1. Again with the reducio ad absurdum! Do you really want to say that people's lives are put at risk because Sue Storm figurines are taxed as toys, but not dolls?

      Tell us again how that makes us Somalia? Ask to pretty nurse to see if your meds might need adjusting...

  5. .

    "... before we can roll back this overly burdensome and somewhat ridiculous over regulation, ..."

    "Because some government regulation is good, then all government regulation must be good?"

    Do we need to remind ourselves that the original post was sniveling about 'over regulation? Need one be reminded that taxation/taxes are the ultimate game of hair-splitting. Money is serious business. Paying taxes require all sorts of arcane rules/definitions/traditions. Diesel oil for automobiles are taxed at a different rate than diesel oil for home heating.

    Toys, dolls, or vibrators all hang on definitions and differentiation.

    Some government regulation is silly, then all government regulation must be silly?"

    As Forrest Gump said, "Silly is as silly does."

    Ema Nymton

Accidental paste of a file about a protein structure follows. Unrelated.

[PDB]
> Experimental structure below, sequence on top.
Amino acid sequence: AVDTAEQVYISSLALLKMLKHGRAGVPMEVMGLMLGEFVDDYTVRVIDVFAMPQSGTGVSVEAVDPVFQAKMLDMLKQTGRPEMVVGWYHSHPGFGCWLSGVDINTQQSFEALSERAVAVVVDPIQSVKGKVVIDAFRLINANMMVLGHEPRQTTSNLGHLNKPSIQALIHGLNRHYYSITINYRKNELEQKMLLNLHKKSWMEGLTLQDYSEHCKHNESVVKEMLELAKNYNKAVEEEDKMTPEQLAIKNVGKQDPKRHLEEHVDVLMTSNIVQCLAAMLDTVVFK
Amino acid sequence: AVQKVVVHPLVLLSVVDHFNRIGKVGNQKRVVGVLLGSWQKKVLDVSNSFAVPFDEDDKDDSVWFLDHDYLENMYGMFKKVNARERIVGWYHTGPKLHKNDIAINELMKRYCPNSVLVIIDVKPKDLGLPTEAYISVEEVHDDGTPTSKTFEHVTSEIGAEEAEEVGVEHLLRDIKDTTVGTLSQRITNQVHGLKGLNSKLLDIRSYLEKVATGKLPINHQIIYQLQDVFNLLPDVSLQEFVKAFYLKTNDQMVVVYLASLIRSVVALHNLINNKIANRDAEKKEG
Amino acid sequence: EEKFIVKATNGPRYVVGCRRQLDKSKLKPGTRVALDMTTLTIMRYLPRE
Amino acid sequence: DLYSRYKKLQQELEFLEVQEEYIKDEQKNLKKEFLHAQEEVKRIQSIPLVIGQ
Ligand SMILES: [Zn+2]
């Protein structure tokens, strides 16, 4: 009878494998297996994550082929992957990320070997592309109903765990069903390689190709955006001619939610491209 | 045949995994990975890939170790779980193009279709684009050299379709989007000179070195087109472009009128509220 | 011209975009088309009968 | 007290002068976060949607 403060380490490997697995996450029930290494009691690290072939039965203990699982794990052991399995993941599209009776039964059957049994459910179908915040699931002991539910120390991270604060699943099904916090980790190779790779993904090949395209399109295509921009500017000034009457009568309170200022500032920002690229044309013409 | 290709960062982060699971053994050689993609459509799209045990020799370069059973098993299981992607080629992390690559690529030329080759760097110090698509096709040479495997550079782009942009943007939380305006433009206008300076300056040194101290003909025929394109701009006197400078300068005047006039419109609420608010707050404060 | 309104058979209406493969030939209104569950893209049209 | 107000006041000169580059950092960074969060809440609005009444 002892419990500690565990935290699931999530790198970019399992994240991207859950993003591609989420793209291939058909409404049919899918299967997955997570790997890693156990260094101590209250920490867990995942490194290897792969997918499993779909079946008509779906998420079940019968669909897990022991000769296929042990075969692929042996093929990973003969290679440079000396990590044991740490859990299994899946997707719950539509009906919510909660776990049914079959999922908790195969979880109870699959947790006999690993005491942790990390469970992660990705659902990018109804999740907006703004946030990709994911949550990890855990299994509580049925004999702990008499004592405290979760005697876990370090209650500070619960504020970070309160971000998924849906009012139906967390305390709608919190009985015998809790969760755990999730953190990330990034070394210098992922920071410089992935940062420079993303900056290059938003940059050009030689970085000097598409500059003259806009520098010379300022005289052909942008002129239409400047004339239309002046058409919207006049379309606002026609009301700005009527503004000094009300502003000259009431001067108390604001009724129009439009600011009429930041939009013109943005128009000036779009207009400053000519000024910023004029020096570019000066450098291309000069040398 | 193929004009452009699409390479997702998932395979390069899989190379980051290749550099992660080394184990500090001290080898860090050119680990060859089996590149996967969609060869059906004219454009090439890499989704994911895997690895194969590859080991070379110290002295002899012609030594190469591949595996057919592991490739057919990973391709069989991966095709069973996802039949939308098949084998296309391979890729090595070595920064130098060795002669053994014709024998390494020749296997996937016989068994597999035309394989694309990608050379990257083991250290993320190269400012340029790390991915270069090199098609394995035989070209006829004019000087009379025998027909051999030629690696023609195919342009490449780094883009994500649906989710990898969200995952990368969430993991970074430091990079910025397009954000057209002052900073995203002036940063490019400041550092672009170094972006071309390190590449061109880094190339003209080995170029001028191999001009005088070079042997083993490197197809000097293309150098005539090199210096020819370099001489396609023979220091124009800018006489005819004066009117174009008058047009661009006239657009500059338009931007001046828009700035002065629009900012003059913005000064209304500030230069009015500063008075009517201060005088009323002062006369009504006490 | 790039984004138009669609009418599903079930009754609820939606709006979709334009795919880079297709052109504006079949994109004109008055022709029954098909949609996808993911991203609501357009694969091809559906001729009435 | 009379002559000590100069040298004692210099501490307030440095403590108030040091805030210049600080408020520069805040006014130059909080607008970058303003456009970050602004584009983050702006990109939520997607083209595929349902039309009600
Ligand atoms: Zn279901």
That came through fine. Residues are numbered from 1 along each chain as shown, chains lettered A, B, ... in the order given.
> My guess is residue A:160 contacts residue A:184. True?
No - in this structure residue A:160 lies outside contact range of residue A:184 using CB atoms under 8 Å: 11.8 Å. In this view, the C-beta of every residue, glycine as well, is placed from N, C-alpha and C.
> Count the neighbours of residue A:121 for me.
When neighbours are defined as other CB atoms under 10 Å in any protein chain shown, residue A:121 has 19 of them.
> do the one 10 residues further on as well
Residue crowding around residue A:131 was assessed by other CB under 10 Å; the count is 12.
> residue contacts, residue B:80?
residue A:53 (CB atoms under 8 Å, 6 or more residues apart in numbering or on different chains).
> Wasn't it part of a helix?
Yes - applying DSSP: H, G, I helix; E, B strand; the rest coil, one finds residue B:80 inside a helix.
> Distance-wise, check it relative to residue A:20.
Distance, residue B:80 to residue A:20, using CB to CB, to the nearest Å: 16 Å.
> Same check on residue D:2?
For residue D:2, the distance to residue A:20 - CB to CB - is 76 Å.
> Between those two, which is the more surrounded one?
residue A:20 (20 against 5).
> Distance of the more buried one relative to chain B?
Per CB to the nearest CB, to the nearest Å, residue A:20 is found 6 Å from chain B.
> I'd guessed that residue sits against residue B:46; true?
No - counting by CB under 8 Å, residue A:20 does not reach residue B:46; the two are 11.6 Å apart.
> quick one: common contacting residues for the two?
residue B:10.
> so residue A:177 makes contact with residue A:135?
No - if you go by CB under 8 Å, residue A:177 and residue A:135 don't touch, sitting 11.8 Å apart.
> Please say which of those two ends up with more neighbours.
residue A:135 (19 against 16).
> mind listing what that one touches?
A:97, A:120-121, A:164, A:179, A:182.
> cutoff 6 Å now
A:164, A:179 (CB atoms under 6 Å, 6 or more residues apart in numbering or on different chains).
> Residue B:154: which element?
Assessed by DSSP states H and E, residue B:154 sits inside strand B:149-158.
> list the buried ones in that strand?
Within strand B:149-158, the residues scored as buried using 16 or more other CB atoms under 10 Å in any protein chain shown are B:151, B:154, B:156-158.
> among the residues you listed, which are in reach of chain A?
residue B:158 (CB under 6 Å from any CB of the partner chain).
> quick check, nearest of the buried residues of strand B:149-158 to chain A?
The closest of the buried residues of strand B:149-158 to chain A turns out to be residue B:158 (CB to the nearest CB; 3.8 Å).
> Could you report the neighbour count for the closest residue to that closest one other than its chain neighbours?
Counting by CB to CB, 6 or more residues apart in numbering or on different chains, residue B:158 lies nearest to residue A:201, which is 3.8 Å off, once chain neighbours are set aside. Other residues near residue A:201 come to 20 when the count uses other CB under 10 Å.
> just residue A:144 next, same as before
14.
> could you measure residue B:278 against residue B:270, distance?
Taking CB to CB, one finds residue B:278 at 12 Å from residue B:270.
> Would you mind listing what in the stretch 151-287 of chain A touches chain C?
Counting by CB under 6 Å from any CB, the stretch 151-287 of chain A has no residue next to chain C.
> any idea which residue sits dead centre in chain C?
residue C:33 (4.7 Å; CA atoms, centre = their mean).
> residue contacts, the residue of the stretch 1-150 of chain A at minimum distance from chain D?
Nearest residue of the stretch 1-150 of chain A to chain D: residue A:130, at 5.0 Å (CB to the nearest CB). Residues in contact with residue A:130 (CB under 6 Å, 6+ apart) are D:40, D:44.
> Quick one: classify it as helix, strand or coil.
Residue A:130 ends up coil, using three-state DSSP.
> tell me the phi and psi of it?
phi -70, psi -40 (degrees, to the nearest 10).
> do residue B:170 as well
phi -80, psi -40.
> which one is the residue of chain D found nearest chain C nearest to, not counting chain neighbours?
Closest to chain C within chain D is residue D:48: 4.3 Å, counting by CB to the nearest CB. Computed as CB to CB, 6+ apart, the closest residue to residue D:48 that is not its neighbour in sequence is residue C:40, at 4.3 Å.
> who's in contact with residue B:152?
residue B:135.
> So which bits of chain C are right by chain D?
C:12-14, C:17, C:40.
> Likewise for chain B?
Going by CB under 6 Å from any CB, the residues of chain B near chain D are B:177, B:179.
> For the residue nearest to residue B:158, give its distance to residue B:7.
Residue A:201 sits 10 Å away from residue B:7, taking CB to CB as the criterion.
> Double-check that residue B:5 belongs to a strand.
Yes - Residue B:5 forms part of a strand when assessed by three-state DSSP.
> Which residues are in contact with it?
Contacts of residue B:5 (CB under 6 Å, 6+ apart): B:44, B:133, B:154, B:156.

1. Do you have trouble with adjectives, or is it all parts of speech you have problems with? When I say, "overly burdensome and somewhat ridiculous over regulation", which part of "overly burdensome" and "over" regulation didn't you understand? Can you fathom that there might be a difference between "regulation" and "over regulation" just from the words I choose?

      "Need one be reminded that taxation/taxes are the ultimate game of hair-splitting." If you are making the case for simplifying the tax code, I'm with you. If you are making the case that government shouldn't be in the business of picking winners and losers, you may have a point. If you are trying somehow to justify this Brobdingnagian and Byzantine hair-splitting tax code, then you, like your brain cells that have gone before, are doomed to failure.

  6. Arguing with the brainless vermin who worship government while waiting to be whisked away on the Hale Bop comet is a waste of time. not my NamE is a lobotomized robot who actually imagines that government is a creative force.

    Pity is in order.

    1. I think Ema Nimrod is a perfect example of truth in advertising. By choosing the screen name she/he/or it chose, people know to expect the comments to be completely backwards as well.